All three major U.S. stock indexes ended at all-time highs Friday, with the Dow Jones Industrial Average, S&P 500, and Nasdaq Composite each notching a fifth straight week of gains after a stronger-than-expected October jobs report.
Pfizer Inc. shares surged as the vaccine maker released a study of its COVID-19 antiviral drug suggesting it is successful in combating the illness. The news was seen adding to positive investor sentiment for equities and the economic recovery.
How did stock indexes trade?
The Dow Jones Industrial Average
rose 203.72 points, or 0.6%, to close at a new peak of 36,327.95.
The S&P 500
gained 17.47 points, or 0.4%, to finish at a record 4,697.53.
The Nasdaq Composite
added 31.28 points, or 0.2%, to an all-time high of 15,971.59.
On Thursday, the Dow Jones Industrial Average snapped a five-day winning streak, while the S&P 500 and Nasdaq Composite each logged a sixth straight record close.
For the week, the Dow rose 1.4%, the S&P 500 gained 2% and the Nasdaq advanced 3%. The Dow had its longest winning streak since the week ending February 22, 2019, according to Dow Jones Market Data.
What drove the market?
U.S. stocks climbed to fresh records on a good jobs report and investor optimism surrounding the study of Pfizer’s antiviral drug treating COVID-19.
“You see a huge rotation into the reopening trade,” said Zhiwei Ren, managing director and portfolio manager at Penn Mutual Asset Management, in a phone interview Friday. Shares of airlines, hotels and restaurants have jumped on the Pfizer news as it appears people may be able to “to take a pill when they get sick” from COVID to prevent severe illness.
Shares of online travel company Expedia Group Inc.
soared Friday, closing 15.6% higher, according to FactSet data. Concert promoter Live Nation Entertainment Inc.
jumped 15.1% while Royal Caribbean Group
sailed about 9% higher.
The U.S. economy created 531,000 jobs in October, the Labor Department said Friday. Economists surveyed by The Wall Street Journal had forecast a rise of 450,000. The unemployment rate fell to 4.6% last month from 4.8%. Also, September job gains were raised to 312,000 from a previous estimate of 194,000, while August jobs were raised to 483,000 from 366,000.
“The Fed appears comfortable with the economy right now and today’s jobs report validated that optimism,” said David Donabedian, chief investment officer of CIBC Private Wealth U.S.
“Third quarter earnings, the [Fed] plans to taper quantitative easing without rushing to raise rates, and the falling unemployment rate in October have created tailwinds for the equity market. It is not surprising to see another strong week for stocks,” he said.
However wages were up nearly 5% year over year, which can be a harbinger of stickier inflation. “If we continue to see strength in wage numbers going forward, it may catalyze the Fed to get more aggressive on taper and could pull forward rate hike expectations next year,” said Cliff Hodge, chief investment officer for Cornerstone Wealth.
Investors also snapped up Treasurys in the wake of the data, sending yields, which move the opposite direction of prices, down sharply. The benchmark 10-year Treasury yield
dropped about 7 basis points to 1.451%, hitting its lowest level since late September.
Investors have been sifting through a heavy slate of corporate earnings reports as the busiest portion of what’s been an upbeat third-quarter earnings season comes to an end.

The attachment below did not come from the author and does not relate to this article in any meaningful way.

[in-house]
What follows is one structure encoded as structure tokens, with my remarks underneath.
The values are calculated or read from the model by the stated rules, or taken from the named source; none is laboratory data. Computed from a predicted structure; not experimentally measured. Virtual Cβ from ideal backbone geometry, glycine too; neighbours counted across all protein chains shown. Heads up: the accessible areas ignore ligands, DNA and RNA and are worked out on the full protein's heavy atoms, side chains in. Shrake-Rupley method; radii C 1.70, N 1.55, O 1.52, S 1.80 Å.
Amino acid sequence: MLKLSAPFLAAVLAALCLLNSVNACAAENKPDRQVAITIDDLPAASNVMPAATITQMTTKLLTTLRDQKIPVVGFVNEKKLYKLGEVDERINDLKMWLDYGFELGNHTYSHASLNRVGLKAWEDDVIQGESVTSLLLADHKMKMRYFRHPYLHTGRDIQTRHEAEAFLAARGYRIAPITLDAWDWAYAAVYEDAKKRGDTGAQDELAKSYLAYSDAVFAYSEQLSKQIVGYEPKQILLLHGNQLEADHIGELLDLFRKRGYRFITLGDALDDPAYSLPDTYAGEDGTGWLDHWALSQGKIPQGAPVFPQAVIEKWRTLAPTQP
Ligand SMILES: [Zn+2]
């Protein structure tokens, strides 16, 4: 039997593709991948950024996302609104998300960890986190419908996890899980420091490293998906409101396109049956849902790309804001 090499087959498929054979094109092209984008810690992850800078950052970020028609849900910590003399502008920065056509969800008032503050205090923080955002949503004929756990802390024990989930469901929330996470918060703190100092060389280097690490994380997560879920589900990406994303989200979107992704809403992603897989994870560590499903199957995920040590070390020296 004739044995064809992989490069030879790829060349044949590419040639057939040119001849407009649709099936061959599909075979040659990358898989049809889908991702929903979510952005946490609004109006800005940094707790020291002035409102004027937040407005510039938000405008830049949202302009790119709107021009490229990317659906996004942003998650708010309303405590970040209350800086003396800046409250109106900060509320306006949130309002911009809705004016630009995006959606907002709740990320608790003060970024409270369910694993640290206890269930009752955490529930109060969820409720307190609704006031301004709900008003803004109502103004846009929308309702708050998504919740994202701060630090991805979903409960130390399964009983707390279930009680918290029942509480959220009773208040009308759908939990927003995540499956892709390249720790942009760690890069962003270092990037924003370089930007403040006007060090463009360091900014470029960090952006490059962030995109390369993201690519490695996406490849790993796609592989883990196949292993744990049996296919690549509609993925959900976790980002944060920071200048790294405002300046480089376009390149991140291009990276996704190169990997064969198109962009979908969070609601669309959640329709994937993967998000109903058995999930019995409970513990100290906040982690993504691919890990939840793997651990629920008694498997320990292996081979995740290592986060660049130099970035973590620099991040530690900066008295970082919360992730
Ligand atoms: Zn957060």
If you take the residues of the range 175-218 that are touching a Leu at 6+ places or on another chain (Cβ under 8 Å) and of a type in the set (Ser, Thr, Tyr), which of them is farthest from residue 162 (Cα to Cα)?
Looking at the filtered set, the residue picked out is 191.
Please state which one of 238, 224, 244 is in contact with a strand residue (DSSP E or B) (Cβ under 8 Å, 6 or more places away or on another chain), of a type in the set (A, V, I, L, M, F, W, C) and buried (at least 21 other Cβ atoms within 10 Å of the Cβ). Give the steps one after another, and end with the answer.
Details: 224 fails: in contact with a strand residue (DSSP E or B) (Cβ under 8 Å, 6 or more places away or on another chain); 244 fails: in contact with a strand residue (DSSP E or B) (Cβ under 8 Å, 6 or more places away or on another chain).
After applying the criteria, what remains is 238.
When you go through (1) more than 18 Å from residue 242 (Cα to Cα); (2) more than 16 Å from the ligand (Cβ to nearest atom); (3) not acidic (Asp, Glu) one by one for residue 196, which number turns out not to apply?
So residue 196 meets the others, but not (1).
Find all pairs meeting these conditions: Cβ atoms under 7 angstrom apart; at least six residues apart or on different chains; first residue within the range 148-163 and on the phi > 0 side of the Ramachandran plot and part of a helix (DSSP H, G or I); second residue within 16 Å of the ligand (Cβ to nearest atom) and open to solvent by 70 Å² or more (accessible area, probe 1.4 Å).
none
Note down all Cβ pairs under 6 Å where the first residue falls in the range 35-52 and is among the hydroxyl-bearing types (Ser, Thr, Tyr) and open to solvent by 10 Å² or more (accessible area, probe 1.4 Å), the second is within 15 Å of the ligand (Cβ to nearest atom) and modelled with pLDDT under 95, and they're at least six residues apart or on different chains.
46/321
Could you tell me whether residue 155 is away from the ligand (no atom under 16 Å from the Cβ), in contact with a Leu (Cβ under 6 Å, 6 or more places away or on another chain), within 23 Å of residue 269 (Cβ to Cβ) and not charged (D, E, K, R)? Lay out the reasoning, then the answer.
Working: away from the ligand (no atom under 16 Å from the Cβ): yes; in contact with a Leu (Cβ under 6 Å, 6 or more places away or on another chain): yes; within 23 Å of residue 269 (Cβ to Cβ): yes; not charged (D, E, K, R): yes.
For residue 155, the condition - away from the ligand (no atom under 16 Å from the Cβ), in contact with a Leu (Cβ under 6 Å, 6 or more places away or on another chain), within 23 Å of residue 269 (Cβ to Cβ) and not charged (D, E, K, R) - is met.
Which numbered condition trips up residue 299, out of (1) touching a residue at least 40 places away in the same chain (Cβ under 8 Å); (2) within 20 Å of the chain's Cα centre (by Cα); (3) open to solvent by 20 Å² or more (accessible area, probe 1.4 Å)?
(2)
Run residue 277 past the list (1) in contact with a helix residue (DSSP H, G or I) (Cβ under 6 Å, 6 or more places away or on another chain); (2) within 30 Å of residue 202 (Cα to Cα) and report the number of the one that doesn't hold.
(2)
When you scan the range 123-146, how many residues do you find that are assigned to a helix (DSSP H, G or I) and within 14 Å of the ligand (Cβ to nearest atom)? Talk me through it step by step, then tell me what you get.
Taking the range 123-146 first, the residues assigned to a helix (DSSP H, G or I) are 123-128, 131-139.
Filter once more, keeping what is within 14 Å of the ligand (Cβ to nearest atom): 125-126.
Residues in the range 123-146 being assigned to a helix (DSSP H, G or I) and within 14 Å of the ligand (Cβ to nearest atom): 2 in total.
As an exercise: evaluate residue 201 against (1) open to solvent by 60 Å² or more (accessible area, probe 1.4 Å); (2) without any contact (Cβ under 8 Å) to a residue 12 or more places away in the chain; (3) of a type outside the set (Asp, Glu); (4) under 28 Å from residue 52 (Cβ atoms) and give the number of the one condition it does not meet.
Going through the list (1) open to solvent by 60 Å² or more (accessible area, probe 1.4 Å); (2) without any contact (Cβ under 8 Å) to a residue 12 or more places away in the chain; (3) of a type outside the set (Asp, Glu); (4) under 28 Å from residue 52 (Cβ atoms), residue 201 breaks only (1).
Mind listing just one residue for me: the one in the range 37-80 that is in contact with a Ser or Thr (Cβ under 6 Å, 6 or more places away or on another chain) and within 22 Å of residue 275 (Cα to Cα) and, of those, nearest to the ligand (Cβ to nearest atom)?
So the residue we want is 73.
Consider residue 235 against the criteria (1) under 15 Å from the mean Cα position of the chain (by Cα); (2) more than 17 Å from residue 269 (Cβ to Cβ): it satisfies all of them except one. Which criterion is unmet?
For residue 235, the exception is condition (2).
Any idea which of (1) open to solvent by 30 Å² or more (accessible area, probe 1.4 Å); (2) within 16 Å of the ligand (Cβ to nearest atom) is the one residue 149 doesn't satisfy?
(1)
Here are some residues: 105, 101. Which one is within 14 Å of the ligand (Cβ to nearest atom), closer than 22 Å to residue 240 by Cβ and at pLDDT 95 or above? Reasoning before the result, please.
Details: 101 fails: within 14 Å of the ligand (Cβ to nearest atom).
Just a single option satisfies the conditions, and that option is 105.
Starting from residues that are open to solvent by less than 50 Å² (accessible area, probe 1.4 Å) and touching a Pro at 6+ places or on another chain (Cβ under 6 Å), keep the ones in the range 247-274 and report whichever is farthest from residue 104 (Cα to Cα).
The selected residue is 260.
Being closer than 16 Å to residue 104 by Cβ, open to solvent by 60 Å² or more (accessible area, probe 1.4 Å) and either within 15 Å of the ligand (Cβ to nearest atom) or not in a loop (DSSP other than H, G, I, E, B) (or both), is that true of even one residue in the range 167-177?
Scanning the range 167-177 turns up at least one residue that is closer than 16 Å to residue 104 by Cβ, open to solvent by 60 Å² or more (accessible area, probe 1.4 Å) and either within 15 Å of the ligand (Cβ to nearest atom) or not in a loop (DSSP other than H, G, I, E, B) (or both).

“Earnings have been a boost to sentiment, for sure,” said Aoifinn Devitt, chief investment officer of Moneta, in a phone interview Friday. “I think there will be a strong holiday season.”
The equity rally was aided by “growing optimism the U.S. is close to winning the war against COVID after Pfizer’s promising data with their oral antiviral treatment,” said Edward Moya, senior market analyst at Oanda, in a note.
What companies were in focus?
Shares of Merck & Co. Inc.
closed 9.9% lower as investors appeared to shun Pfizer rivals. Merck said last month that its experimental treatment reduced the risk of hospitalization or death by 50% in a late-stage trial. The company has already submitted an application to U.S. regulators for authorization.
Shares of Peloton Interactive Inc.
tumbled more than 35% after the exercise equipment maker produced a weaker-than-expected holiday outlook and cut its full-year forecast.
Shares of Uber Technologies Inc. UBER rose 4.2%, after the ride-hailing company late Thursday said that third-quarter revenue grew in both of its major businesses across all regions as COVID-19 restrictions eased, though losses also more than doubled.
Lions Gate Entertainment Corp.
shares soared 22.1% after the media group said it’s mulling a sale or spinoff of its Starz unit.
Square Inc. SQ late Thursday reported lower-than-expected revenue for the third quarter as less volatile pricing for bitcoin affected demand, though the company’s chief financial officer noted “strength” in volume during October. Shares fell 4.1%.
GoPro Inc. GPRO late Thursday delivered results that beat expectations for its most recent quarter and expressed confidence in its ability to hit its full-year targets, despite a continuing supply crunch that may limit upside. Shares climbed 7.9%.
Online auto retailer Carvana Co. CVNA shares declined 0.9% after it said a continued wave of demand for used cars nearly doubled its quarterly revenue, though efforts to build inventories saw it run against “significant operational constraints.”
How did other assets trade?
The ICE U.S. Dollar Index
a measure of the currency against a basket of six major rivals, was down 0.1%.
The Shanghai Composite
lost 1% Friday, falling 1.6% for the week. The Hang Seng Index
closed 1.4% lower for a weekly loss of 2%. Japan’s Nikkei 225
declined 0.6% Friday, but remained up 2.5% this week.
––Barbara Kollmeyer contributed to this report.